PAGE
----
Problem Solving-A skill required for survival

Here is an effective way to give children a playground on which they can practice and develop their problem solving skills.

Too often we give our children answers to remember rather than problems to solve.
— Roger Lewin

Photo by NeONBRAND on Unsplash

Problem solving at the Young Executives Club

The Young Executives Club is a meeting place where children in the age group 12–14 meet twice a week on Zoom to make use of various opportunities to express themselves in spoken as well as written form. The last ten months since we first began, I have come to realize something that is so crucial to developing self confidence in children.

Given the opportunities to brainstorm and the assurance that no idea is crazy or stupid, it is amazing to see what children can bring to the table. While working in groups, the brainstorming sessions lead to chain reaction of sorts where one idea leads to another, debates and discussions follow. While it may not be always possible to literally try out those ideas in the real world, it goes a long way in enabling children to think, express themselves and above all realize what they are capable of when given a chance. Take a step back and imagine what would happen, if children could do this on a regular basis, it becomes second nature. They understand the importance of interacting with others for ideas, feedback and support while dealing with a problem. Any problem becomes something that needs to be handled and not to be afraid of.

Take a step back and imagine what would happen, if children could do this on a regular basis, it becomes second nature. They understand the importance of interacting with others for ideas, feedback and support while dealing with a problem. Any problem becomes something that needs to be handled and not to be afraid of.

First activity at the second batch of the Young Executives Club

The members of the second batch of the Young Executives Club met this week to discuss a hypothetical problem that had been brought forward to them by a hypothetical coffee shop owner.

Photo by Drew Coffman on Unsplash

The brief given to them

The owner of this coffee shop is devastated. His coffee shop is generally crowded. But these days, no one comes. Sadly, he may have to shut down. Unless, the Young Executives Club can figure out a way to enable him to survive.

Basic Facts

  • The coffee shop is located in a good area, on the main road connecting several small startup offices.
  • People from these offices drop in regularly.
  • The coffee shop is well known for its excellent range of coffees and cold shakes that are nicely teamed with tasty treats.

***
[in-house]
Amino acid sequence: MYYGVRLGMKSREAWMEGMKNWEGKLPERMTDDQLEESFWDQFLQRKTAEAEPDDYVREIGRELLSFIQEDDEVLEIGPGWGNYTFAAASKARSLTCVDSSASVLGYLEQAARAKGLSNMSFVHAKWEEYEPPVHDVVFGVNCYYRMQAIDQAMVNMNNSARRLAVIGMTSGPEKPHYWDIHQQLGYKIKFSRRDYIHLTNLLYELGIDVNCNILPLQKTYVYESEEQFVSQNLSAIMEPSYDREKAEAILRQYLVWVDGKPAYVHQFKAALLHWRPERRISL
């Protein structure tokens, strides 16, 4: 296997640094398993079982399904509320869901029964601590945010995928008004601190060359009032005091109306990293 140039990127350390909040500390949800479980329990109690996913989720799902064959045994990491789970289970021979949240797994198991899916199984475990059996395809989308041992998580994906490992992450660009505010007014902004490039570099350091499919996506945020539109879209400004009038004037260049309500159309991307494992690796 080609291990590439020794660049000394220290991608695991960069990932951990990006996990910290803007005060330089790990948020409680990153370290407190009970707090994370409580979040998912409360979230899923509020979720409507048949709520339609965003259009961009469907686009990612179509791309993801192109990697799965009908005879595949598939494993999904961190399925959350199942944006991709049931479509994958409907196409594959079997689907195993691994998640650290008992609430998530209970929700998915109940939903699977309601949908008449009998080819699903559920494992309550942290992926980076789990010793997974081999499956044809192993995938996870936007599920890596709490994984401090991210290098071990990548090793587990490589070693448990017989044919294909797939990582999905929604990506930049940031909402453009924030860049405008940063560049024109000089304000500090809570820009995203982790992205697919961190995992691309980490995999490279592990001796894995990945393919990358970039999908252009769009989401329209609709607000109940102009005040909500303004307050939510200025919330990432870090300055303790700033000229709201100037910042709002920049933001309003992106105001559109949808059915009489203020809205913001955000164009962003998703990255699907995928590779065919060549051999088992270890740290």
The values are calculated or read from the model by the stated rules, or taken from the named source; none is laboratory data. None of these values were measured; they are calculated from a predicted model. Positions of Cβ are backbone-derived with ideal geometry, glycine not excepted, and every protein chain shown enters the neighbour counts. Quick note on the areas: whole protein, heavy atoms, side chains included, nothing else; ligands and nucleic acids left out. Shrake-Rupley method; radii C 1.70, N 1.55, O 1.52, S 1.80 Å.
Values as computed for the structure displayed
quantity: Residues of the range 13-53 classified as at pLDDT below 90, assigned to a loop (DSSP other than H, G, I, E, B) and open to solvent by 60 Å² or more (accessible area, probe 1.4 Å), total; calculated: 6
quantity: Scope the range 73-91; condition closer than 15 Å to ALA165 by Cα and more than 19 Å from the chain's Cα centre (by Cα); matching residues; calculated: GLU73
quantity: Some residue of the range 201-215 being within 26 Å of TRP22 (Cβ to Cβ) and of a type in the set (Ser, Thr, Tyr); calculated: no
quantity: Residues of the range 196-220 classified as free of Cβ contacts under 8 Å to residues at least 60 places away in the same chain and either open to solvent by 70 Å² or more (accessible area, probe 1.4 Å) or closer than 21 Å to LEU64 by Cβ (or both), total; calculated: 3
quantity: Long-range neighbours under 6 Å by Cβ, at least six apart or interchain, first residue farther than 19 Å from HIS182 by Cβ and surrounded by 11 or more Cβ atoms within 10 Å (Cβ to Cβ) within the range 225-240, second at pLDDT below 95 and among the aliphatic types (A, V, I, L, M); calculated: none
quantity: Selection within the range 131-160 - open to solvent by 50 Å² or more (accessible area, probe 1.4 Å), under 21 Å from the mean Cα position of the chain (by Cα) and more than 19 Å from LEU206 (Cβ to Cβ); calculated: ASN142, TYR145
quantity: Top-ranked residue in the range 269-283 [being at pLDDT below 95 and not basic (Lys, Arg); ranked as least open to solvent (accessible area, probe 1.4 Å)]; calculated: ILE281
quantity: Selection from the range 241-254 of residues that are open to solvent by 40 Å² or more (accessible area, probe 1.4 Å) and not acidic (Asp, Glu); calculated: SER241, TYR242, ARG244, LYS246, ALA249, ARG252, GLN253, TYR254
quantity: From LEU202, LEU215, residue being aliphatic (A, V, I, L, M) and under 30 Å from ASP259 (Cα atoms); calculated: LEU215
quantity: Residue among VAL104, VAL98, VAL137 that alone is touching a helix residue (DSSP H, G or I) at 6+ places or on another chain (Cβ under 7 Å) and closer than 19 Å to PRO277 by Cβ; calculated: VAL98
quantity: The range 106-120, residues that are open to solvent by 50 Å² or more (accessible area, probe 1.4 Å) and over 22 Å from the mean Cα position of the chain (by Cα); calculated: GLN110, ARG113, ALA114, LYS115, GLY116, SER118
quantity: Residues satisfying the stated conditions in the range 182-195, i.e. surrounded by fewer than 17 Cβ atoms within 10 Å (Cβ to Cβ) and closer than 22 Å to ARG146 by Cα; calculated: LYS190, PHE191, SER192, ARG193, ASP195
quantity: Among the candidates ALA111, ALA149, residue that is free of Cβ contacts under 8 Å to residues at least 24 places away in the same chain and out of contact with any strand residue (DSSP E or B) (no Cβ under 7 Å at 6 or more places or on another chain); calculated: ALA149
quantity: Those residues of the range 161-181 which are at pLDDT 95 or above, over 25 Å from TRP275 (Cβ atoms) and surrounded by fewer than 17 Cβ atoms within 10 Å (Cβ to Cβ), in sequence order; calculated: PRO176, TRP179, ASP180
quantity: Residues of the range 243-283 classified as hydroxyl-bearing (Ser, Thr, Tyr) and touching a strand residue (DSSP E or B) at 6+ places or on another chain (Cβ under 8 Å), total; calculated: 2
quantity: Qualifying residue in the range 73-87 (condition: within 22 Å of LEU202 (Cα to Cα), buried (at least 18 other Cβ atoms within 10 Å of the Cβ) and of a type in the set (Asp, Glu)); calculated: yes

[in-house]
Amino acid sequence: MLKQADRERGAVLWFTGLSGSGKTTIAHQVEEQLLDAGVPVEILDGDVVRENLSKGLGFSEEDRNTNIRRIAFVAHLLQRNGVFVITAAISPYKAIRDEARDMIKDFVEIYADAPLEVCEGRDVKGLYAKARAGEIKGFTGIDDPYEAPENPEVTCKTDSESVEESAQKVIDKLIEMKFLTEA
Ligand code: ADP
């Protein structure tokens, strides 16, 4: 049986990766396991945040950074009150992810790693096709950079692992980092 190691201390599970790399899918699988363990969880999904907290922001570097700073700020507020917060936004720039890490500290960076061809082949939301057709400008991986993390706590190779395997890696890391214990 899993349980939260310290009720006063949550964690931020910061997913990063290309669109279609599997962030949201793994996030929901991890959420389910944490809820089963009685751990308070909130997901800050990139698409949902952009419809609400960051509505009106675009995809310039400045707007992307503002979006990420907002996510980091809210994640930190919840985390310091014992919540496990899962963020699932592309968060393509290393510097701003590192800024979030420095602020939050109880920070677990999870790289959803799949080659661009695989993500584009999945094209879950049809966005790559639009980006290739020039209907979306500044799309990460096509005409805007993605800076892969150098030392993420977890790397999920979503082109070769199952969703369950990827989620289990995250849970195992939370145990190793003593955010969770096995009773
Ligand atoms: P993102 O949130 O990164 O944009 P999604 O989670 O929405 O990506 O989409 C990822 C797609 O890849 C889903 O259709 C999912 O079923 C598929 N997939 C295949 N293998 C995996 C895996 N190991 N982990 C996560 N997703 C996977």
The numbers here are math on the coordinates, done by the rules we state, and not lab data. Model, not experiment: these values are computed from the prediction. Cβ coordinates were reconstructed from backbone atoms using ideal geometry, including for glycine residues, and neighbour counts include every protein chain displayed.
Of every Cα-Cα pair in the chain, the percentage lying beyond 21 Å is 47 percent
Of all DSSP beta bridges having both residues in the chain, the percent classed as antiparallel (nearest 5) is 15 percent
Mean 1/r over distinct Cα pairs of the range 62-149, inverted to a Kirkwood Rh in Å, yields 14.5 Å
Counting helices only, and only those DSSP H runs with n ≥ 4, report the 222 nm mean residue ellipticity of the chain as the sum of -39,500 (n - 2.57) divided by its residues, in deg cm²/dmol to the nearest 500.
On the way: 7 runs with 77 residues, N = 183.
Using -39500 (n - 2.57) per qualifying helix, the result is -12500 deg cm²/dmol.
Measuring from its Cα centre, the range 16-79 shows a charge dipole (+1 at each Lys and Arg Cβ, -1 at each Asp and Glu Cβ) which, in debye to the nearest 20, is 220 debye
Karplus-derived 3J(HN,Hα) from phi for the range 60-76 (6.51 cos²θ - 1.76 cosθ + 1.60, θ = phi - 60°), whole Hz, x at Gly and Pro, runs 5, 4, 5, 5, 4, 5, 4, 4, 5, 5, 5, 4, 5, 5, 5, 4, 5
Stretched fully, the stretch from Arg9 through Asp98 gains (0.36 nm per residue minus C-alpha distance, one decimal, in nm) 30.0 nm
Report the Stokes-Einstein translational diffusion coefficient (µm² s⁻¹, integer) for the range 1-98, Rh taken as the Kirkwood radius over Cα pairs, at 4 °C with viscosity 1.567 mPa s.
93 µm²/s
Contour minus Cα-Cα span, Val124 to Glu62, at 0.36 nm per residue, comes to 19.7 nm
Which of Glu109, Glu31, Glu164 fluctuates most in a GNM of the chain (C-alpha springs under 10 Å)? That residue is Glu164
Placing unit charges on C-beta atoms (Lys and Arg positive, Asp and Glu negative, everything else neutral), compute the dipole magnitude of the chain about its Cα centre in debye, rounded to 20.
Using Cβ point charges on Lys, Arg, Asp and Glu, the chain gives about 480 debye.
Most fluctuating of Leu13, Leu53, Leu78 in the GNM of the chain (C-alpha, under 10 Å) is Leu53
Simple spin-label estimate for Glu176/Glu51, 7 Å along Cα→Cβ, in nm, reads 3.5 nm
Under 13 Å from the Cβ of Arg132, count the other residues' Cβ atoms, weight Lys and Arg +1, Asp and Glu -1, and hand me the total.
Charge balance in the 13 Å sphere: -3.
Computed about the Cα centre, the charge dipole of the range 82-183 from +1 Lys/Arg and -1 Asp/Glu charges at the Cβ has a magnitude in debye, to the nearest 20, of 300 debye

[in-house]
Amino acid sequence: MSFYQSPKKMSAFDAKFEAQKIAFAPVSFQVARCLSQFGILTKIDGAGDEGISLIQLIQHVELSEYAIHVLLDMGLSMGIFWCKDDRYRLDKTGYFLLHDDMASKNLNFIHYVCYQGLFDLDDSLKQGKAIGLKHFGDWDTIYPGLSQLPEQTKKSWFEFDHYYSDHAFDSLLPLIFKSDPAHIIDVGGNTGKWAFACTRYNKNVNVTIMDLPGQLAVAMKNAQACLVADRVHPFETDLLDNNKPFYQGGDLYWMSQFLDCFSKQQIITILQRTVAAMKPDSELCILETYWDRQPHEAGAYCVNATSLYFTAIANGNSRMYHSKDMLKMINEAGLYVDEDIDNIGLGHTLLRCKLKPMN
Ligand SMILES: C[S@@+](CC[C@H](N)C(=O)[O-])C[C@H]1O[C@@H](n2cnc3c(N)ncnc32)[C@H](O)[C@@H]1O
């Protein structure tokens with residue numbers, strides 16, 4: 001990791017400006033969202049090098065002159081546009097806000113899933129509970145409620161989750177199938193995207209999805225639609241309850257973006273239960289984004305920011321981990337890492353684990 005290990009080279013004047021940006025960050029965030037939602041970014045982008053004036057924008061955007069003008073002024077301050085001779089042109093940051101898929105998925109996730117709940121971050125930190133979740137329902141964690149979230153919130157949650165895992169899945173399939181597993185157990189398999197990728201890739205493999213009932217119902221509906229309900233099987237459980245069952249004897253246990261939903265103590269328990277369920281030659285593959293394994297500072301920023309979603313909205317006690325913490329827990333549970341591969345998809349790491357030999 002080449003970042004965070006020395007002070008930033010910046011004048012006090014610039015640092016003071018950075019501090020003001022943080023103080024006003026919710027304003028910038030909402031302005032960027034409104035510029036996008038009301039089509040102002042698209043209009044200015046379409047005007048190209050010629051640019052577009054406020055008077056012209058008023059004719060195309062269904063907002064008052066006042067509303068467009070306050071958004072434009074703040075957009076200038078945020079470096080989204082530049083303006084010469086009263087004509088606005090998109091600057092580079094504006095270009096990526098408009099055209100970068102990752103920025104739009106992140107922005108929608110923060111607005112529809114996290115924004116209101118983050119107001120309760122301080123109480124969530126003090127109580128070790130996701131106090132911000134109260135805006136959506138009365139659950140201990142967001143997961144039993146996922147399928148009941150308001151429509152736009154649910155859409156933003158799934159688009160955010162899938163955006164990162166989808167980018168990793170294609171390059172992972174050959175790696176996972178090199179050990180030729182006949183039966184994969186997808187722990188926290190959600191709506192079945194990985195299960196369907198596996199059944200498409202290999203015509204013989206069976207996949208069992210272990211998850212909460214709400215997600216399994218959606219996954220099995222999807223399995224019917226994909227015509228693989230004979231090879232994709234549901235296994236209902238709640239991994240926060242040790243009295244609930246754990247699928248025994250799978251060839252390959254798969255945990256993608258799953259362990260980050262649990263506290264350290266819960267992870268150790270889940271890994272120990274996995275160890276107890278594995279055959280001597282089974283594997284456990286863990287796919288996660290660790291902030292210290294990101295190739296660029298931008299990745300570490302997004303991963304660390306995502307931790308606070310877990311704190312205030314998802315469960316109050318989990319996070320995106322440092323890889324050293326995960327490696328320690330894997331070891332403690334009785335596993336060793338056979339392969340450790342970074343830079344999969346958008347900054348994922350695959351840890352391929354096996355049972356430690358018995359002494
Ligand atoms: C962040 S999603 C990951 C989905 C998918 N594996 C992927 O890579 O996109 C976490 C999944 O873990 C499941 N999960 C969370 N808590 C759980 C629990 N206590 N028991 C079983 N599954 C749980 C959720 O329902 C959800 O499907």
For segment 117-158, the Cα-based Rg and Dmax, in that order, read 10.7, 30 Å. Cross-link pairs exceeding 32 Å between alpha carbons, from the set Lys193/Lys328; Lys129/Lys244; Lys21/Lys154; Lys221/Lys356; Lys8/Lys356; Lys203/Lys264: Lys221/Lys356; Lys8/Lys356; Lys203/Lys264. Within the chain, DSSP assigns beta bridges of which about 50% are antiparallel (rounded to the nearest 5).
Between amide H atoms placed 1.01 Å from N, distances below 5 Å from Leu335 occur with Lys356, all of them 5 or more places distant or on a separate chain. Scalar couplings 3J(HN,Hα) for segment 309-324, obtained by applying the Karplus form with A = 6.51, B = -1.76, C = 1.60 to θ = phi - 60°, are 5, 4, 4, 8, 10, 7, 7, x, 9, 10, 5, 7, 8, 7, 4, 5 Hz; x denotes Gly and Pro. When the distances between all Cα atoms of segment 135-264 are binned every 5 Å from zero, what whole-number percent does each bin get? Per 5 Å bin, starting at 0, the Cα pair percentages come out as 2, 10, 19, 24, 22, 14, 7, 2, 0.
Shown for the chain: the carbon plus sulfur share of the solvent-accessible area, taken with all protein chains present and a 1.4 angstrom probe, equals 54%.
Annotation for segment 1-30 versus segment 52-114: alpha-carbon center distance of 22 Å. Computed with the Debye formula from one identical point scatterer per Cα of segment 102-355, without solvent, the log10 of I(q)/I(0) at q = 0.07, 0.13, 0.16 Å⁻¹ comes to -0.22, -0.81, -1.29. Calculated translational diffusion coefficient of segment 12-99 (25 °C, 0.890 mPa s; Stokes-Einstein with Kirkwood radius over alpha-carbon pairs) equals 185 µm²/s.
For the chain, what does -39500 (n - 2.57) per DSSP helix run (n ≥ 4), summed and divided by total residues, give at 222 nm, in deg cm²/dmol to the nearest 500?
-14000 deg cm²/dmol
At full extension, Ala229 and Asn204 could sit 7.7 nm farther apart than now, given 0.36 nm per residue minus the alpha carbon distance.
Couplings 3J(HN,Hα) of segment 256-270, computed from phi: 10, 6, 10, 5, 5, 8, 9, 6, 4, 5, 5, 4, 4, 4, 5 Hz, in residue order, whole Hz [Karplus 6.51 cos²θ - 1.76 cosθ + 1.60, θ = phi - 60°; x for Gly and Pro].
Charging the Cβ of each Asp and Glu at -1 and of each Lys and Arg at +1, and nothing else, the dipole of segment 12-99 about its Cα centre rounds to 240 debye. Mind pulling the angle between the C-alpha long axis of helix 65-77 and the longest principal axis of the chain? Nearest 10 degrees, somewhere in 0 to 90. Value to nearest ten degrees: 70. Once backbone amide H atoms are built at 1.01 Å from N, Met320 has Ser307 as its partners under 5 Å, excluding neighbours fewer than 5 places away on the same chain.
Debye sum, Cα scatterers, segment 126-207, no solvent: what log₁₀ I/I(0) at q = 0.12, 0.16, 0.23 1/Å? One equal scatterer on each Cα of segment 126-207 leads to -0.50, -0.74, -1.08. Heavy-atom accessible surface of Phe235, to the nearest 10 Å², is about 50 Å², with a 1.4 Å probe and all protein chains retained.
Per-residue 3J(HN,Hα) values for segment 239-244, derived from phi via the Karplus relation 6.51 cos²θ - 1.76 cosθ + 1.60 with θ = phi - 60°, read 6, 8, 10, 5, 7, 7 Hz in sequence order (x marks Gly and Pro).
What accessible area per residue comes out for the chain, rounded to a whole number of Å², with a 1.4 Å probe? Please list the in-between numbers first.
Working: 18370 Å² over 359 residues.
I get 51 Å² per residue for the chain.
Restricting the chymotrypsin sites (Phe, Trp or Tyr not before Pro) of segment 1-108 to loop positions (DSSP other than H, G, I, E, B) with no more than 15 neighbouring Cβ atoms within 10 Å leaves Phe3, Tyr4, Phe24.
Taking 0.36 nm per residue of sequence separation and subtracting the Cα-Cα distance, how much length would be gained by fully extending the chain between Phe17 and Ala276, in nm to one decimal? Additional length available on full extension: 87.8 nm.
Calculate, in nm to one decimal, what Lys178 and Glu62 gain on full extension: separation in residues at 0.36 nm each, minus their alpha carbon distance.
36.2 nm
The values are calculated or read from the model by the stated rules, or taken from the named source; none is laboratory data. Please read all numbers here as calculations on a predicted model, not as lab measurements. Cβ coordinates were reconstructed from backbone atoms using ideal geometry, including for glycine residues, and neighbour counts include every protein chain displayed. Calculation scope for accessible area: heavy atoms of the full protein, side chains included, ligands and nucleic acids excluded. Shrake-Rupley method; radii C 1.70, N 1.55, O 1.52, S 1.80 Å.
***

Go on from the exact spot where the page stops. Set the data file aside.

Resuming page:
• The place is well equipped with WiFi too. People who work remotely or freelance can set up their workspace in the coffee shop for a small fee and can work undisturbed for hours together.
  • Air conditioned.

Why aren’t people coming anymore?

In the COVID scenario, companies have enabled their employees to work from home. This has proved immensely useful as the cost of renting office space and other expenses incurred in managing an office building is saved. Hence most office spaces in the vicinity are vacant.

Every one’s ideas matter

Having read through the brief, the question on the white board was “How do we help this coffee shop owner to survive? He has come to us seeking help.”

A minute later, the young executives had many ideas to offer. I acted as a scribe and jotted down all their contributions on the white board, trying my best to categorize their strategies as we went along.

They began with the obvious options such as home delivery and went on to come up with innovative solutions such as:

  • An app for the coffee shop that enables you to play games and win rewards-coupons to free coffee, free tickets to an online show etc.
  • Converting the coffee shop in to an outdoor area with flowers as an attraction to give people the much needed relief that one can derive by being with nature.
  • Cost cutting measures by reusing left over ingredients to provide breakfast as an option few times a week.

As the discussion progressed and the obvious choices got exhausted, they had to dig deeper into their own experiences to come up with solutions. In a real life scenario many of their proposed solutions could have hurdles. However, being in problem solving mode would hopefully mean looking for solutions, networking, collaboration and being open to new ideas from all the people involved.

Writer, Voracious Reader, Author of Personalised Children’s books, Self Taught Illustrator